Chevron’s campaign to defame the Ecuadorians suing the company for oil contamination is starting to sound a lot like the attacks by the arch-conservative Koch Brothers, the billionaires who have financed campaigns against liberal groups, like Common Cause. This blog by Carl Pope, Chairman of the Sierra Club makes that clear. I’m not surprised that Chevron is following the Koch Brothers’ playbook — the company’s general counsel, Hew Pate, and the former general counsel, Charles James, worked for the Justice Department under George Bush and with the lawyers who wrote the torture memos. What a resume these guys have!
A Gang of Thieves -- Without Honor or Humor
Chairman, Sierra Club
Posted: February 16, 2011 01:47 PM
San Francisco -- That's the thought that comes to mind this week, watching the behavior of Big Oil. In Ecuador, a Court found that Chevron owes local communities $8 billion for damages left behind from an oil drilling business Chevron inherited when it took over Texaco. Chevron's response was not that the damages hadn't been done, but that the Ecuadoran decision was "illegitimate" and that the company simply wouldn't pay its debts. (Does this remind you of Exxon-Mobile around the Valdez decisions? It would be nice if the oil industry was satisfied to be the world's richest, but at least paid its bills.)
Of course, Chevron's Ecuadoran bill is more than matched by the amount of direct subsidies Big Oil draws from American taxpayers. The Obama Administration, in its proposed new budget, thinks that there are probably better ways to spend taxpayer dollars, and has proposed eliminating $54 billion of these subsidies, including $10 billion that flows from the U.S. Treasury to such governments as Saudi Arabia. (You might not have known that oil producers are, in fact, one of the major recipients of this form of foreign aid. Big Oil pays the Saudis, and the Treasury reimburses Big Oil.) The new Tea Party-influenced Republican leadership in Congress doesn't seem to agree: the Defense Department, the nuclear industry, and Big Oil are virtually the only items in the federal budget protected from proposed slash-and-burn budget cuts.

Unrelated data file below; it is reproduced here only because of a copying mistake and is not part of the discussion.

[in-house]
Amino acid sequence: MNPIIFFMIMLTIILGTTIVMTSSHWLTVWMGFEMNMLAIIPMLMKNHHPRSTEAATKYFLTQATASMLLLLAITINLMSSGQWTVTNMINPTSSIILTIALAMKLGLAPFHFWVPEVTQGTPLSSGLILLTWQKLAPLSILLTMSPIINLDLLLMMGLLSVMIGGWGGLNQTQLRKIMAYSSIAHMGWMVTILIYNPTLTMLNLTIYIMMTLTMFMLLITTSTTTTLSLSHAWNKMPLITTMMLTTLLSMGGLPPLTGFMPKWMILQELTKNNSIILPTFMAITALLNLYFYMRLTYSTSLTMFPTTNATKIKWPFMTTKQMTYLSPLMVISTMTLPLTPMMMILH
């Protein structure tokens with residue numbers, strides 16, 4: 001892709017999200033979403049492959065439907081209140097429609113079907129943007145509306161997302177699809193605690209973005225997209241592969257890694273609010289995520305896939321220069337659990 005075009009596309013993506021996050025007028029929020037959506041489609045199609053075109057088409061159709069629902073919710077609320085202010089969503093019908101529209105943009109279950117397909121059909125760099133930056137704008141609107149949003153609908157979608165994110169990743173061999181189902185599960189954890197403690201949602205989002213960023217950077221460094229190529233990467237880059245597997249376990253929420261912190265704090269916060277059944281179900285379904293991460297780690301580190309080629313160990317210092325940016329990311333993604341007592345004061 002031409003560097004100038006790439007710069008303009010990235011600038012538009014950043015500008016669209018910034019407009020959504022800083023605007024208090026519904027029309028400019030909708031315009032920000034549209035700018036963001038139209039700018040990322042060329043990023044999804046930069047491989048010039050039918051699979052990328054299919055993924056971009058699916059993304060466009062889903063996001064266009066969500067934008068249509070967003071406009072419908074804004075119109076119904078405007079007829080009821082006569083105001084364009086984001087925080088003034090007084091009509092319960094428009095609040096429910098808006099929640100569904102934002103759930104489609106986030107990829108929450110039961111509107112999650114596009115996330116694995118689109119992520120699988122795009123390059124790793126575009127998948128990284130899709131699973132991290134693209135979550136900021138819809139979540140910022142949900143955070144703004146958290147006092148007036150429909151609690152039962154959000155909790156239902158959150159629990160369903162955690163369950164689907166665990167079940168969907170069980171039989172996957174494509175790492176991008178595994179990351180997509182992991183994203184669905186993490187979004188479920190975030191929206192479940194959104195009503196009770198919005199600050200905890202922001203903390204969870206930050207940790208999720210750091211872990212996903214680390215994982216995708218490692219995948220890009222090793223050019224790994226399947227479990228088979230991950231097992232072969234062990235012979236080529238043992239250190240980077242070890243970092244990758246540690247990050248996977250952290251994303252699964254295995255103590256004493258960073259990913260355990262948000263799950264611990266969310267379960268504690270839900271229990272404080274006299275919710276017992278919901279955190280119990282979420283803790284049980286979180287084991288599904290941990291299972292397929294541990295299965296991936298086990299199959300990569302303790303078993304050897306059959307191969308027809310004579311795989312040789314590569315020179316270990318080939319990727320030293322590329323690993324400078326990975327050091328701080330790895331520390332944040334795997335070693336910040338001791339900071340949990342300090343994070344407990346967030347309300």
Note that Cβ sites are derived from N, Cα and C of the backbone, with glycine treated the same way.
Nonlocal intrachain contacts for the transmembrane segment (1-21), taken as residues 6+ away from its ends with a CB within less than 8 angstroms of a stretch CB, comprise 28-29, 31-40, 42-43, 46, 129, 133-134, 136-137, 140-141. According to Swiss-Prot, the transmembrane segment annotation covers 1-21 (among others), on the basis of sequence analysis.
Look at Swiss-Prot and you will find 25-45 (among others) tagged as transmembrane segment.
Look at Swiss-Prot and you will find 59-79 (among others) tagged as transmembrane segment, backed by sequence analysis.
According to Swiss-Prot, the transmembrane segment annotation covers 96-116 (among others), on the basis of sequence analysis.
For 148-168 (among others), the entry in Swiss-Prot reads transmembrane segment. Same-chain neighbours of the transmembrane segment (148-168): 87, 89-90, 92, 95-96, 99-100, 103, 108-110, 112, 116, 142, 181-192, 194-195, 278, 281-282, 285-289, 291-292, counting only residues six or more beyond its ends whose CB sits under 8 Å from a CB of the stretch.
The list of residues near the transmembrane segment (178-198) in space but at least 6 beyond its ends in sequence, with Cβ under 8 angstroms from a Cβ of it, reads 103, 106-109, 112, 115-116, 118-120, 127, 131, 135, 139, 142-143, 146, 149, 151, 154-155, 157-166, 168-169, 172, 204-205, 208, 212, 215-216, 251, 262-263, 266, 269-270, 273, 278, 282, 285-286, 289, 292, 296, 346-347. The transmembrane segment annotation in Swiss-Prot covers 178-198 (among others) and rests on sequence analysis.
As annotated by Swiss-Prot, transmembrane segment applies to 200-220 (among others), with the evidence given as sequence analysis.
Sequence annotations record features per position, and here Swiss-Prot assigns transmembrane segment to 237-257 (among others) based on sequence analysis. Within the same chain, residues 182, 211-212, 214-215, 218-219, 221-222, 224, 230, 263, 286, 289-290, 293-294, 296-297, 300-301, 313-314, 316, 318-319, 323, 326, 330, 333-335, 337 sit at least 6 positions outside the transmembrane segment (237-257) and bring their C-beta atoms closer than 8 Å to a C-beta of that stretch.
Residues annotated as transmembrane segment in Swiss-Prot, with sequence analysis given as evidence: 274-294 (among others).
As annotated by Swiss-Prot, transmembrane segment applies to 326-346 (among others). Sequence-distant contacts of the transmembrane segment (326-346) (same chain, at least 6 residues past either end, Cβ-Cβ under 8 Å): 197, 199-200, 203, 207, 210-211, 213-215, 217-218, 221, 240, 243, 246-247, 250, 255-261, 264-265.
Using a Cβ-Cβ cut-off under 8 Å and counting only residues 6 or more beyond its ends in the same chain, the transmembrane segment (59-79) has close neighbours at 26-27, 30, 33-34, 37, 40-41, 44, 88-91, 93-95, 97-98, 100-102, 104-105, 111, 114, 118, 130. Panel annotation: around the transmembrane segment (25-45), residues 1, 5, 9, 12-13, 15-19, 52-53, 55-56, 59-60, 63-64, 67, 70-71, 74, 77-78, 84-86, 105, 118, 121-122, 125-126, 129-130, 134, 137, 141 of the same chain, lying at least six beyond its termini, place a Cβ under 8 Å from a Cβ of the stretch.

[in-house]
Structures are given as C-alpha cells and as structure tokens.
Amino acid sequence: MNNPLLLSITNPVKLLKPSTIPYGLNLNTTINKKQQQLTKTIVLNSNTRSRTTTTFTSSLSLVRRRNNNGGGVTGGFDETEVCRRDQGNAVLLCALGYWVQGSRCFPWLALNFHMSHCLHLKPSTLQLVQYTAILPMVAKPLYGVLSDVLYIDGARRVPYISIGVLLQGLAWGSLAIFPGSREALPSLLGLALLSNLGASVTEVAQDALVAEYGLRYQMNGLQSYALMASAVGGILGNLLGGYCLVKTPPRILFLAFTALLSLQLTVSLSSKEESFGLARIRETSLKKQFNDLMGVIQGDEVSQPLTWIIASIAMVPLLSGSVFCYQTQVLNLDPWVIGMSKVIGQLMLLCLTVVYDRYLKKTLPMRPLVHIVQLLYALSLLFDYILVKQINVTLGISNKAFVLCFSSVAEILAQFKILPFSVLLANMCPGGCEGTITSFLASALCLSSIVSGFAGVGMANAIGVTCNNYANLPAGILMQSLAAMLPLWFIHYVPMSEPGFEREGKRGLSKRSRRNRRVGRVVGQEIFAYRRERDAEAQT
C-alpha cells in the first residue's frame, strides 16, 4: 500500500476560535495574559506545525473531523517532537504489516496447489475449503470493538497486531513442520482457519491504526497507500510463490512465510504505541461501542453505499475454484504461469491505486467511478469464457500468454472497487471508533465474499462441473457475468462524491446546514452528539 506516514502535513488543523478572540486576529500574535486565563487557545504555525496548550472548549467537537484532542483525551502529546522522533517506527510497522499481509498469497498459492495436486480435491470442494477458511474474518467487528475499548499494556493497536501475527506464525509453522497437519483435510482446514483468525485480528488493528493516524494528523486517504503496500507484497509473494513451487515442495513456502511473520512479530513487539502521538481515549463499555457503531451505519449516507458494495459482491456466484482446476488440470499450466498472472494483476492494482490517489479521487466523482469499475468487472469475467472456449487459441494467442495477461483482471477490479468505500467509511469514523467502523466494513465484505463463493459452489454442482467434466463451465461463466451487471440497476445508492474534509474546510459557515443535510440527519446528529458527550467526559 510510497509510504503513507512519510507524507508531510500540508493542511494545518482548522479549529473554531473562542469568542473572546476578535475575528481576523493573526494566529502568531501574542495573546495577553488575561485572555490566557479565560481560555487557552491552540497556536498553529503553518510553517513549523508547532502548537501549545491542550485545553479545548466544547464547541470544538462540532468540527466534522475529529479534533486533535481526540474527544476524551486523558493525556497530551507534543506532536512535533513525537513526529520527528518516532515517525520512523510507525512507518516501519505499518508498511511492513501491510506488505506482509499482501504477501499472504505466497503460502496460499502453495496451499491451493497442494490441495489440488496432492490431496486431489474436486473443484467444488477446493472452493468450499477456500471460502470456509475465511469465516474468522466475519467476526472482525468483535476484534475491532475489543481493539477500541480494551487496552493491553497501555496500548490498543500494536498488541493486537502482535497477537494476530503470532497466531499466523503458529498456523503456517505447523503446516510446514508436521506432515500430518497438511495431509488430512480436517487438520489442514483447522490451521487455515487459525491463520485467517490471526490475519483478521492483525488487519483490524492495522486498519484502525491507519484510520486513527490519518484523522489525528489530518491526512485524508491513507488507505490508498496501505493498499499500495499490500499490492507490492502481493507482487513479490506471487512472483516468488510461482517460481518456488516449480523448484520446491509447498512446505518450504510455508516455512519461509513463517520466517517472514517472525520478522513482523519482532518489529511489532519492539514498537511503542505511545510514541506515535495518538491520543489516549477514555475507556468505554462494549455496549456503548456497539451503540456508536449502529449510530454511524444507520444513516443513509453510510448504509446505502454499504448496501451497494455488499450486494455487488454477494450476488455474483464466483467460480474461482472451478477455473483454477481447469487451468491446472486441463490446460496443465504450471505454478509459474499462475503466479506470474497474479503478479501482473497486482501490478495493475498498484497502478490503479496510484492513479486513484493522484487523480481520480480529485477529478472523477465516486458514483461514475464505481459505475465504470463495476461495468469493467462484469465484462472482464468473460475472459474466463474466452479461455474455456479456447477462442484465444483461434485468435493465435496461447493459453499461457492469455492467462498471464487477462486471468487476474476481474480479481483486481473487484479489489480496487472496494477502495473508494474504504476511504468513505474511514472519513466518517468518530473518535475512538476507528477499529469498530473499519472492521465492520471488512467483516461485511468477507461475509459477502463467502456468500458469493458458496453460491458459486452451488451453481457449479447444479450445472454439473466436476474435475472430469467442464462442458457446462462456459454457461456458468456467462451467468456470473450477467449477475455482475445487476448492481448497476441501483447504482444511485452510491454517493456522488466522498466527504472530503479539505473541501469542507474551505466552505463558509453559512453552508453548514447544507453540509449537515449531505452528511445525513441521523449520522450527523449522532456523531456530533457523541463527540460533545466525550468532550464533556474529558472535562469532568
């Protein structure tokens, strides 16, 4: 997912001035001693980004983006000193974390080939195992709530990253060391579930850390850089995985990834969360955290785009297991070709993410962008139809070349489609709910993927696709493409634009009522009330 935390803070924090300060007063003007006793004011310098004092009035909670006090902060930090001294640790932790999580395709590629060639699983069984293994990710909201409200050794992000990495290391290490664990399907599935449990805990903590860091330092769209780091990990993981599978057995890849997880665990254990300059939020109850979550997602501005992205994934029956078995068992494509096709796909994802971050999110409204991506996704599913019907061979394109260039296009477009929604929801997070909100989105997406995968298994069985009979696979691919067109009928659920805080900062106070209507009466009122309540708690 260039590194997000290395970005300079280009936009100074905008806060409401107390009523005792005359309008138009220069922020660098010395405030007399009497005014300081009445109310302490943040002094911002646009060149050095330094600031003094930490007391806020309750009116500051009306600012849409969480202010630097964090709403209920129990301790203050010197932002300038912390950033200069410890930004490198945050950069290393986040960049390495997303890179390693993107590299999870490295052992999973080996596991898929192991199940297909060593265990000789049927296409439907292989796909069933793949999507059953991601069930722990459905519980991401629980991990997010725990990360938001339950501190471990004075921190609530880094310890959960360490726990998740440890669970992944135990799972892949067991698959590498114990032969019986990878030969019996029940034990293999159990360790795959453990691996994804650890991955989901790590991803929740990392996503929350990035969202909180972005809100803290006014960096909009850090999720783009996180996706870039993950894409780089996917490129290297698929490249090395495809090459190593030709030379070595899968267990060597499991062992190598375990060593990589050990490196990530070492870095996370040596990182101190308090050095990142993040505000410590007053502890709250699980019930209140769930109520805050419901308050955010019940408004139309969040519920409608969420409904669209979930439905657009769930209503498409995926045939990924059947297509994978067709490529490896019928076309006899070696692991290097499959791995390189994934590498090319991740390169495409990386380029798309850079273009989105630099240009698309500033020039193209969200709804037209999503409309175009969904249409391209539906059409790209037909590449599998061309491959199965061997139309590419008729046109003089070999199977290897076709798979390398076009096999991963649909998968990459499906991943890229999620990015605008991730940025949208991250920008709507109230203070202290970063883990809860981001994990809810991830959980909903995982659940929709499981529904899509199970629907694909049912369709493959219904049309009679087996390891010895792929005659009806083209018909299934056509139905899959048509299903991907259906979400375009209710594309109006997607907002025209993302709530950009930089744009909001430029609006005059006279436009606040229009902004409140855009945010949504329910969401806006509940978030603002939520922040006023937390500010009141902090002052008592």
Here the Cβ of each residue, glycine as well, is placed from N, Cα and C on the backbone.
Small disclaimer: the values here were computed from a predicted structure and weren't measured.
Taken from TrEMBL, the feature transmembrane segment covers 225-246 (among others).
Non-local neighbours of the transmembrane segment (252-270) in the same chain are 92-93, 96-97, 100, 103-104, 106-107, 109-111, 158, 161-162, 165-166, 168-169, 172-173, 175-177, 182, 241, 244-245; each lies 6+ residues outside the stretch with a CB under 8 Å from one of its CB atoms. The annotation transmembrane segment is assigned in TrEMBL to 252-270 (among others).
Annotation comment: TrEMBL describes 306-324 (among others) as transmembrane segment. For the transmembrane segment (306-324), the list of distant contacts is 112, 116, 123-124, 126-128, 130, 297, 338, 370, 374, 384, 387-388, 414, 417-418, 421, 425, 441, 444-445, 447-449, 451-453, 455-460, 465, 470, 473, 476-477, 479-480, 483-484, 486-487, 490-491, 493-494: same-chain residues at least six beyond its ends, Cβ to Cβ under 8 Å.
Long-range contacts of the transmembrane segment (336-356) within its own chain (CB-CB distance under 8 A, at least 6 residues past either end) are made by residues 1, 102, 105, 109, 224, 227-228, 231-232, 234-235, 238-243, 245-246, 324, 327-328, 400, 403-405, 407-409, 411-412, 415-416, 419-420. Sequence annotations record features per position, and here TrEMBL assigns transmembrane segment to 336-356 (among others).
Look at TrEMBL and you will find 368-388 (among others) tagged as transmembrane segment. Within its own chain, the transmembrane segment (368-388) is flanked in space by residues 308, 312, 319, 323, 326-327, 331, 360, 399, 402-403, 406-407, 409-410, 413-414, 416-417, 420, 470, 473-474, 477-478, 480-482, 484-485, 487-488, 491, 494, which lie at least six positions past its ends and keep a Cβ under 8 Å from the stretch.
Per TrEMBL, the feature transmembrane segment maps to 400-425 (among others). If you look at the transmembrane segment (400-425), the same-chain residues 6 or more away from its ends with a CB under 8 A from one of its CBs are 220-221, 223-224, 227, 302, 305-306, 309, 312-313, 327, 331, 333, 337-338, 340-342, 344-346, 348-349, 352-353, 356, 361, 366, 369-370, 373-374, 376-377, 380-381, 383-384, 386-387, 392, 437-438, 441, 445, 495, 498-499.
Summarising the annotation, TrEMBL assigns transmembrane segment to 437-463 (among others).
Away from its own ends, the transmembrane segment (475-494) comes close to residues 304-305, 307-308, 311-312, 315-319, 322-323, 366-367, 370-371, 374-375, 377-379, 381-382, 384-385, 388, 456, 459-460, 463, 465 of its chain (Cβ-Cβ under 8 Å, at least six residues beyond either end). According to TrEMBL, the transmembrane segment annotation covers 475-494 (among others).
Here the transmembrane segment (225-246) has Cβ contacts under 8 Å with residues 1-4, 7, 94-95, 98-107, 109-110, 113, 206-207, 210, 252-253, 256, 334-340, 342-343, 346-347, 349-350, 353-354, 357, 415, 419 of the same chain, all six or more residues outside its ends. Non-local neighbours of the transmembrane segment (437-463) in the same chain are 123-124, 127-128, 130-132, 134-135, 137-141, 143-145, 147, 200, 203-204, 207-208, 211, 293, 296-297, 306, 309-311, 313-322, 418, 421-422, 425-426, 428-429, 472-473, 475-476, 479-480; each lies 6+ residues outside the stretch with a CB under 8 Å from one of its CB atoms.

If you are running this kind of racket, it is always good to have friends in high places, and the oil industry is making sure that politicians remain in its hock. The billionaire Koch Brothers announced that in 2012 they plan to raise $88 million to purchase influence in Washington. When Common Cause organized a protest at the secret Palm Springs gathering the brothers host, conservatives yelled "foul" and began organizing dirty tricks against Common Cause. This is classic Koch style; they've also brought a lawsuit against pranksters who sent out a press release last December saying the brothers had seen the light and would no longer fund global warming denial groups. The lawsuit claimed that the spoof press release's authors were "guilty of trademark infringement, cybersquatting, unfair competition, and violating the Computer Fraud and Abuse Act," a criminal statute that penalizes those who hack into protected governmental and private computer systems.
It's hard to take such a lawsuit seriously. But the Koch Brothers are serious. Anyone who shines a light on their secretive effort to take over the U.S. government can expect this kind of bullying. And while Big Oil is too restrained to carry on these kinds of shenanigans here in the U.S., the Chevron response in Ecuador shows their true face.
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